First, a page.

The TAKE with Rick Klein
The grand debate in Washington now is about the power of words — what they mean when coming from former President Donald Trump and those aligned with him, as well as those in his party aligned against him.
“The extent (the impeachment document) alleges his opinion is factually in error, the 45th President denies this allegation,” Trump’s legal team wrote in their official filing.
Wednesday is a potentially momentous day for the Republican Party. The day after House Minority Leader Kevin McCarthy’s long-awaited conversation with Rep. Marjorie Taylor Greene, Rep. Liz Cheney could face a reckoning inside her conference over her impeachment vote.
The impending trial guarantees refreshed memories of the horrors that took place at the Capitol less than a month ago. Any thought the trial would turn on narrow constitutional questions is effectively out, given Trump’s strategy of defiance.
It’s telling that Senate Minority Leader Mitch McConnell has had more to say about the House GOP drama than McCarthy, his House counterpart. McConnell recognizes the stakes not just of Trump and the likes of Greene, but of the words that have the ability to both empower and endanger.
The RUNDOWN with Alisa Wiersema
Tuesday’s confirmation of Homeland Security Secretary Alejandro Mayorkas, paired with Biden signing three executive orders focused on immigration, solidified the new administration’s inheritance of several, layered repercussions stemming from Trump-era immigration policies.
According to Biden’s executive actions, as head of the DHS, Mayorkas will now steer a task force focused on migrant family reunification, overseeing the development of a strategy to address irregular migration across the southern border and reviewing the scope of Trump’s immigration policies.
“There’s a lot of talk, with good reason, about the number of executive orders that I have signed. I’m not making new law, I’m eliminating bad policy,” Biden said on Tuesday.
While the first part of that statement seemed to offer a defense of his near-daily use of executive orders to roll back Trump policies, the rest of Biden’s comment could be interpreted as a precursor to possible questions about whether Tuesday’s executive orders currently do enough to begin clearing up the nation’s clouded immigration system.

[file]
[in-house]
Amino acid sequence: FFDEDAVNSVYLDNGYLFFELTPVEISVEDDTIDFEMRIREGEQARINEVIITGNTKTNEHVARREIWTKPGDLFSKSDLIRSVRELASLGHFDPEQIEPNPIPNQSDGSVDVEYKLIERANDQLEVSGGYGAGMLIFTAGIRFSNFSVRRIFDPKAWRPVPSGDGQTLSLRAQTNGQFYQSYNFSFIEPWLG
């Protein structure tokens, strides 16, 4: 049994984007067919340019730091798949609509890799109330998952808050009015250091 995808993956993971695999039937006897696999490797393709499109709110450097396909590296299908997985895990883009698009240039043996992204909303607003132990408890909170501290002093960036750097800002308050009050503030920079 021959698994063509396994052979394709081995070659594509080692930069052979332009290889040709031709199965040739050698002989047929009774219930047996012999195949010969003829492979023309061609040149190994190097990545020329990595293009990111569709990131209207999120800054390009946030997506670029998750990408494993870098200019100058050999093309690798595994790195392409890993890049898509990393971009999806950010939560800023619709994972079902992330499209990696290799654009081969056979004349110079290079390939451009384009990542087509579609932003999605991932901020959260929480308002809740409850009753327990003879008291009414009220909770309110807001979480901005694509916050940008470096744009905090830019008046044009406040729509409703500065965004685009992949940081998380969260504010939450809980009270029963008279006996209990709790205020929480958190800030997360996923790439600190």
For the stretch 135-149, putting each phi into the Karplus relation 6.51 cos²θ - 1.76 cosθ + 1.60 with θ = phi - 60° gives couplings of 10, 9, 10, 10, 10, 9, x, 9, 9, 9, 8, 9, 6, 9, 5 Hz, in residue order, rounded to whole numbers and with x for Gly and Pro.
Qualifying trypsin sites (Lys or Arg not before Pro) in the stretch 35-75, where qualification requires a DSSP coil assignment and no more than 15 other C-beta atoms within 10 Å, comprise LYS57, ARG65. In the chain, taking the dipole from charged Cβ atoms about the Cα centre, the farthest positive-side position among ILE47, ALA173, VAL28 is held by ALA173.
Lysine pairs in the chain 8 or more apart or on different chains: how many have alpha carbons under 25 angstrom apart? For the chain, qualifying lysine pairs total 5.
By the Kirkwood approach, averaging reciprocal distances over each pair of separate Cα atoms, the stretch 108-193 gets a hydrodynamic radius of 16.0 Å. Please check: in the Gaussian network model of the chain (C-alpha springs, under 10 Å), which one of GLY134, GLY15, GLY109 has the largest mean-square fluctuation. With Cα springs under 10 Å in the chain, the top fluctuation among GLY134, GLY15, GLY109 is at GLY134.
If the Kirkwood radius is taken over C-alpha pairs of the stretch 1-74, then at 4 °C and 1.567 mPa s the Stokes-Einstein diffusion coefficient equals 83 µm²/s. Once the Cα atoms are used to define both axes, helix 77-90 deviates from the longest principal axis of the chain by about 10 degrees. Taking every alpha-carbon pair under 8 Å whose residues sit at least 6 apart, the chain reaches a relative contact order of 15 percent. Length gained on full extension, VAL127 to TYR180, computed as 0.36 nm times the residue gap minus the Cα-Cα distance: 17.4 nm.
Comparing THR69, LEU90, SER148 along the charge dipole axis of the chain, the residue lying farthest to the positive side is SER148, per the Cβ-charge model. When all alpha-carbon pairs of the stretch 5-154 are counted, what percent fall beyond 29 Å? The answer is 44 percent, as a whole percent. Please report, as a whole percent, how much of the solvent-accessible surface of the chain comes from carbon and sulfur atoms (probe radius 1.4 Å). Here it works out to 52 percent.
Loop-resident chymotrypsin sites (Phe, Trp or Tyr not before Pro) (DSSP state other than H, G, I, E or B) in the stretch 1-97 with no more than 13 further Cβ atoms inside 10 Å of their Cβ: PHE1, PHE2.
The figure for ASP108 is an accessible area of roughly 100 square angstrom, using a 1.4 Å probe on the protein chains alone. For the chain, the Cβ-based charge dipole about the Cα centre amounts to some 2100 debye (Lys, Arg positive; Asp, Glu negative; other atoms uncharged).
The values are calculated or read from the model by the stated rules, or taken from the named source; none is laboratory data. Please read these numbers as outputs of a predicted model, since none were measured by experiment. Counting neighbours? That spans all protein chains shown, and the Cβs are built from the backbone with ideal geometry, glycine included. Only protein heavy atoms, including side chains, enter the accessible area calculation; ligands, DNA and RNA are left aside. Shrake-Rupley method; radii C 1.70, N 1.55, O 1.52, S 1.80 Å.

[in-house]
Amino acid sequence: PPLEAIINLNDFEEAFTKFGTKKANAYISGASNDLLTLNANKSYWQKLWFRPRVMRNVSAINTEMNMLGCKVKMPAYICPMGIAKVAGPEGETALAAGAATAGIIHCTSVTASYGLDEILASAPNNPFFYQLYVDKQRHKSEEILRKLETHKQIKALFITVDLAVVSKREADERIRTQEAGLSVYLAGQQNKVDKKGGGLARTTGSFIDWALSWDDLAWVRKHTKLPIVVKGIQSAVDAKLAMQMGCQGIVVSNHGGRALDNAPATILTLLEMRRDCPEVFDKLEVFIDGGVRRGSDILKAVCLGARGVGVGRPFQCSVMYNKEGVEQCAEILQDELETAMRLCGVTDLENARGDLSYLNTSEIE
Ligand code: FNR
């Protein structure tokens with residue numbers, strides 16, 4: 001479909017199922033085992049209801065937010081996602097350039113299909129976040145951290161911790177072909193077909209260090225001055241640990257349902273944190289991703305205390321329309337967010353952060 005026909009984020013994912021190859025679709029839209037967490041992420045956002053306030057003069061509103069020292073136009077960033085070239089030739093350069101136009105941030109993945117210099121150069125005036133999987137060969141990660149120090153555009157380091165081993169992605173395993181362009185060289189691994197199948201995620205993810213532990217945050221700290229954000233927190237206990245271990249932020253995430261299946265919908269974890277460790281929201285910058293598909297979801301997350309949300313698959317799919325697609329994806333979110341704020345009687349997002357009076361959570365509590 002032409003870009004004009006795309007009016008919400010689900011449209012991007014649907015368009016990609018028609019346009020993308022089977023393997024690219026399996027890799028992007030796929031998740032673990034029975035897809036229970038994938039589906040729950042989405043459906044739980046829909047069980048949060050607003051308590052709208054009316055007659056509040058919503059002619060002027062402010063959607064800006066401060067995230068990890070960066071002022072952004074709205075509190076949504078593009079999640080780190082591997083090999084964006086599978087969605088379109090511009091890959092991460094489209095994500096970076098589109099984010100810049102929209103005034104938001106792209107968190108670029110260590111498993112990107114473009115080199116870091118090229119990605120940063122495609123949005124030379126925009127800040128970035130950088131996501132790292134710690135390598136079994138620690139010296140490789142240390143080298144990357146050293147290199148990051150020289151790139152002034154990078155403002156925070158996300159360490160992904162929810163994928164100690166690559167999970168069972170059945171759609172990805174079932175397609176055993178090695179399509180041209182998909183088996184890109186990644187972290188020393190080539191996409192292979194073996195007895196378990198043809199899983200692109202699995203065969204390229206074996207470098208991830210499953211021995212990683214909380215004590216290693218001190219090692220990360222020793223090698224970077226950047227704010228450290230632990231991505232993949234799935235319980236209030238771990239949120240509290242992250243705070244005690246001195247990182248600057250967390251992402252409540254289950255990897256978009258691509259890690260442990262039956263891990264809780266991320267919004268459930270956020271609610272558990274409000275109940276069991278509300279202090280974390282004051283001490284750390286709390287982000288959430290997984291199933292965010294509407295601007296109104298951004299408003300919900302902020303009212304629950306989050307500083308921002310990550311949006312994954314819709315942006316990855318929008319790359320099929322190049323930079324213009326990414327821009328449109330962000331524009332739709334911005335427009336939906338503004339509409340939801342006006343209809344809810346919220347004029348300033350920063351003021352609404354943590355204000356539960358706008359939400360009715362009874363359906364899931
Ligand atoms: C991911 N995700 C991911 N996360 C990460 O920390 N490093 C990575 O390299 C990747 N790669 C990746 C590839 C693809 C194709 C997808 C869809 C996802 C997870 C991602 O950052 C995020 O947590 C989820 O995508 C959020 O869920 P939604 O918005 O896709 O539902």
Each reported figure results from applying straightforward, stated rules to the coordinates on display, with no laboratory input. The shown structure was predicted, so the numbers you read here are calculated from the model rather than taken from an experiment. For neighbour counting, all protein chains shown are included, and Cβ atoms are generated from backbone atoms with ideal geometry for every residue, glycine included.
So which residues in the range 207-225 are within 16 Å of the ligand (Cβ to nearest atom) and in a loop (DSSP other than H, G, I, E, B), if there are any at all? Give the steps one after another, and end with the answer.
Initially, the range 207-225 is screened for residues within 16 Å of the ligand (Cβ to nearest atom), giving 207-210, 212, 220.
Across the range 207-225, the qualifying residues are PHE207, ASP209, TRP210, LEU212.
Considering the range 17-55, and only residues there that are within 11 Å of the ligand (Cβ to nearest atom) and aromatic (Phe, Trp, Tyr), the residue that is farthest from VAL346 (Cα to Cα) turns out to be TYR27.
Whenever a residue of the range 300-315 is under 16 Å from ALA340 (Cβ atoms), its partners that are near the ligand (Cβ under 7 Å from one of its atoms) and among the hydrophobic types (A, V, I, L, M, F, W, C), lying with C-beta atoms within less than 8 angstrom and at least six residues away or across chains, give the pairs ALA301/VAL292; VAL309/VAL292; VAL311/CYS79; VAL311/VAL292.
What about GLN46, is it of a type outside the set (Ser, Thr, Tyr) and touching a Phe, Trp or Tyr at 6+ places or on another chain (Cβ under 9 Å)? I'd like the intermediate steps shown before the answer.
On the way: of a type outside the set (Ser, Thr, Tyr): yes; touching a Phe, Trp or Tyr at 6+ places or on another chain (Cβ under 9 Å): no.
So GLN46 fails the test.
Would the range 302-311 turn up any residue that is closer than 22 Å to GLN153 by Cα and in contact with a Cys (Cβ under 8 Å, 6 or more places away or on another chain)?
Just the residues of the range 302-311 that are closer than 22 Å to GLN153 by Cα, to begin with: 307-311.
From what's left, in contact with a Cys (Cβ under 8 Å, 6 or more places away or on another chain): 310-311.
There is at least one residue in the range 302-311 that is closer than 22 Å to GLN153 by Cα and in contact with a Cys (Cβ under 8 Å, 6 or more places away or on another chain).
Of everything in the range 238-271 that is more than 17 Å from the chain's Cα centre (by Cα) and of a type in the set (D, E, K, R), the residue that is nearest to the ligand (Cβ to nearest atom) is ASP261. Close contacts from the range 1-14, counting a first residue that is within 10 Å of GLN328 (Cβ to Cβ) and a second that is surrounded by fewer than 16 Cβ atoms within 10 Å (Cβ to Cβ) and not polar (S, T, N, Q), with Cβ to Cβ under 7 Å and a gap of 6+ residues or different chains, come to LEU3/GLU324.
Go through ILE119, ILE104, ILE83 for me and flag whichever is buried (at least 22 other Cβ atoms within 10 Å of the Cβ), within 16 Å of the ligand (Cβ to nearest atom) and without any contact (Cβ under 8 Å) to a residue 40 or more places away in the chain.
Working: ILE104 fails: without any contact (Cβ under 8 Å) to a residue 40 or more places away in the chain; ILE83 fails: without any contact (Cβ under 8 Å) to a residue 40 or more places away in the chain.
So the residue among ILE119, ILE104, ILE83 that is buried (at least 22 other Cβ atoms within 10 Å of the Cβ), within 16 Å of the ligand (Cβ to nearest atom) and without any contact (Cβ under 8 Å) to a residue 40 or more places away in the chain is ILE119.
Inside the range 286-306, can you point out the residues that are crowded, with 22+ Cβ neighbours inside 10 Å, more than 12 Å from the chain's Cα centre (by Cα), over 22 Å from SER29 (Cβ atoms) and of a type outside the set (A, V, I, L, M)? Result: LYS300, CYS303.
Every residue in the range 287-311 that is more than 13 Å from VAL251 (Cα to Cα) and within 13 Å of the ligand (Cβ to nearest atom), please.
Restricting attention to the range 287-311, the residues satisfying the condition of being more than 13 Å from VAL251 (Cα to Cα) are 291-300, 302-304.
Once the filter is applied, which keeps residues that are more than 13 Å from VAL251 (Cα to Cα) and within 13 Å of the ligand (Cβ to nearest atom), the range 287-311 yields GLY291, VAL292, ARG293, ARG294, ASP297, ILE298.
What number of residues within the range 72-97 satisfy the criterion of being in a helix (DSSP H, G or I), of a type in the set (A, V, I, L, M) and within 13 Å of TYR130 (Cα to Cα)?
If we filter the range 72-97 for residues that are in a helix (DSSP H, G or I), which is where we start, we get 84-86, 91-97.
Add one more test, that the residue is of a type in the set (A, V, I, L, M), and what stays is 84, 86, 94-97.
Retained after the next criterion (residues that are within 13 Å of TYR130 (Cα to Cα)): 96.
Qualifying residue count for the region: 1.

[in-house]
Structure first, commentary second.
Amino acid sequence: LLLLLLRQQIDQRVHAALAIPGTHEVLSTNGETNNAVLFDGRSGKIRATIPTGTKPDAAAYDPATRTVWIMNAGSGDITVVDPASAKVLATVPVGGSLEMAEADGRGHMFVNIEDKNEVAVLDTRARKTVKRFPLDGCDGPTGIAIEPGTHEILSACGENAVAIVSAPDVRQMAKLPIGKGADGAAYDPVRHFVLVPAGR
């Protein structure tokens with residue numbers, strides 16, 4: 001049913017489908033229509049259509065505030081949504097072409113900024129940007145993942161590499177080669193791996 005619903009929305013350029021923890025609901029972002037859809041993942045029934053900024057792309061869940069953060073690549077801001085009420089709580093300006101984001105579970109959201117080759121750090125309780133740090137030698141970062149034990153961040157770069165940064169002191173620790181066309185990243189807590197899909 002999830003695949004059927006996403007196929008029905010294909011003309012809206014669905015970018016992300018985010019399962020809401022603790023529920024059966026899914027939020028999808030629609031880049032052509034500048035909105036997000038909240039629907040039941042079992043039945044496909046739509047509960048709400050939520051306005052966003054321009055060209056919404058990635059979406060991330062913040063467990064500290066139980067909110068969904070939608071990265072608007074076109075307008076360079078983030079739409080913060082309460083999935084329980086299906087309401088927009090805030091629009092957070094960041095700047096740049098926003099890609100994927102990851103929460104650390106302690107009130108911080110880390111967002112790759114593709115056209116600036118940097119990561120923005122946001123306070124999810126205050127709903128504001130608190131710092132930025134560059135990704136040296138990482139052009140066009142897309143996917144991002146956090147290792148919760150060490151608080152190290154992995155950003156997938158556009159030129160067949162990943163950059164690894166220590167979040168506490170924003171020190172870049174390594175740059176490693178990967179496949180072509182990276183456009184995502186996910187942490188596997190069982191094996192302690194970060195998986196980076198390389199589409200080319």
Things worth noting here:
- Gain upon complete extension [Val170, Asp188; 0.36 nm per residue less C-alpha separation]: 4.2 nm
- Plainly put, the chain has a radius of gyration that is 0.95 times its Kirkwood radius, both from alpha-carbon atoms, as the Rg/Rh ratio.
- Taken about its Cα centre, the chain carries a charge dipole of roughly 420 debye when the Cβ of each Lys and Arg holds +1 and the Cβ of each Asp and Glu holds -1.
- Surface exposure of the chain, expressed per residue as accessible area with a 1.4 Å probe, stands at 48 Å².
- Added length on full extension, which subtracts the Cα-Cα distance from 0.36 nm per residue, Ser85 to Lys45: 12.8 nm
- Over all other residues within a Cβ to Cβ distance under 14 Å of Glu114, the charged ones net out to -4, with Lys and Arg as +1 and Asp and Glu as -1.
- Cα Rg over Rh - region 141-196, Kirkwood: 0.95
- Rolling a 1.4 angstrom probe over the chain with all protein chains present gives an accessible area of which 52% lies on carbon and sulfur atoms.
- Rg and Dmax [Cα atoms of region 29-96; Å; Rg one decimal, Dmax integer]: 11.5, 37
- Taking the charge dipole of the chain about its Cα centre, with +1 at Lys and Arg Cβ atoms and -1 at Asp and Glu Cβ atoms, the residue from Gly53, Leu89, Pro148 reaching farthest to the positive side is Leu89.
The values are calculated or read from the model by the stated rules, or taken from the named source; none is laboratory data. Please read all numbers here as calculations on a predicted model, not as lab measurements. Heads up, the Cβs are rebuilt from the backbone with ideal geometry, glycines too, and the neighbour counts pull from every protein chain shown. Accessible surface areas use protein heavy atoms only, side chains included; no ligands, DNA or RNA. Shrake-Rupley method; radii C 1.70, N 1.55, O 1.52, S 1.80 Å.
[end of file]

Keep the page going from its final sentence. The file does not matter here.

In a potential preview of the kind of feedback the White House could face in the coming days, Human Rights Watch associate director of the U.S. program, Clara Long, told ABC News on Tuesday that while she was supportive of “the way the Biden administration has framed up its intention to restore asylum at the border,” she was also “a bit disappointed that it hasn’t gone further” by having left in place problematic policies including summary expulsions under public health authority.
The TIP with Kendall Karson
It’s been a month since the deadly insurrection at the U.S. Capitol and one of the leaders of the Republicans’ last-ditch effort to help Trump subvert the election is cashing in on his loyalty to the former president.
Missouri Sen. Josh Hawley — the first senator to publicly announce plans to challenge Biden’s victory in Congress — raked in nearly $1 million in January, his best monthly haul since his first election to the Senate in 2018, according to a new memo from his campaign.
“It is crystal clear that a strong majority of Missouri voters and donors stand firmly with Senator Hawley, in spite of the continued false attacks coming from the radical left,” the memo from Hawley’s pollster, Wes Anderson, concluded. His early fundraising success is a sharp counterpoint to the backlash he received from three high-profile donors in Missouri who disavowed him and the more than two dozen prominent companies who pulled back their corporate PAC giving to political campaigns, some specifically targeting the GOP lawmakers who, like Hawley, objected to the election results in Congress.
On the eve of impeachment week, the surge in grassroots support offers a glimpse into why the Republican refuses to show contrition for his actions leading up to Jan. 6, continues to resist calls for his resignation, and will likely reinforce his penchant to stay closely aligned to Trump. It’s also an early sign, but a strong one, that the gap within the GOP between the ever-loyal Trump faction and the establishment wing looking to move on from the former president could be widening.
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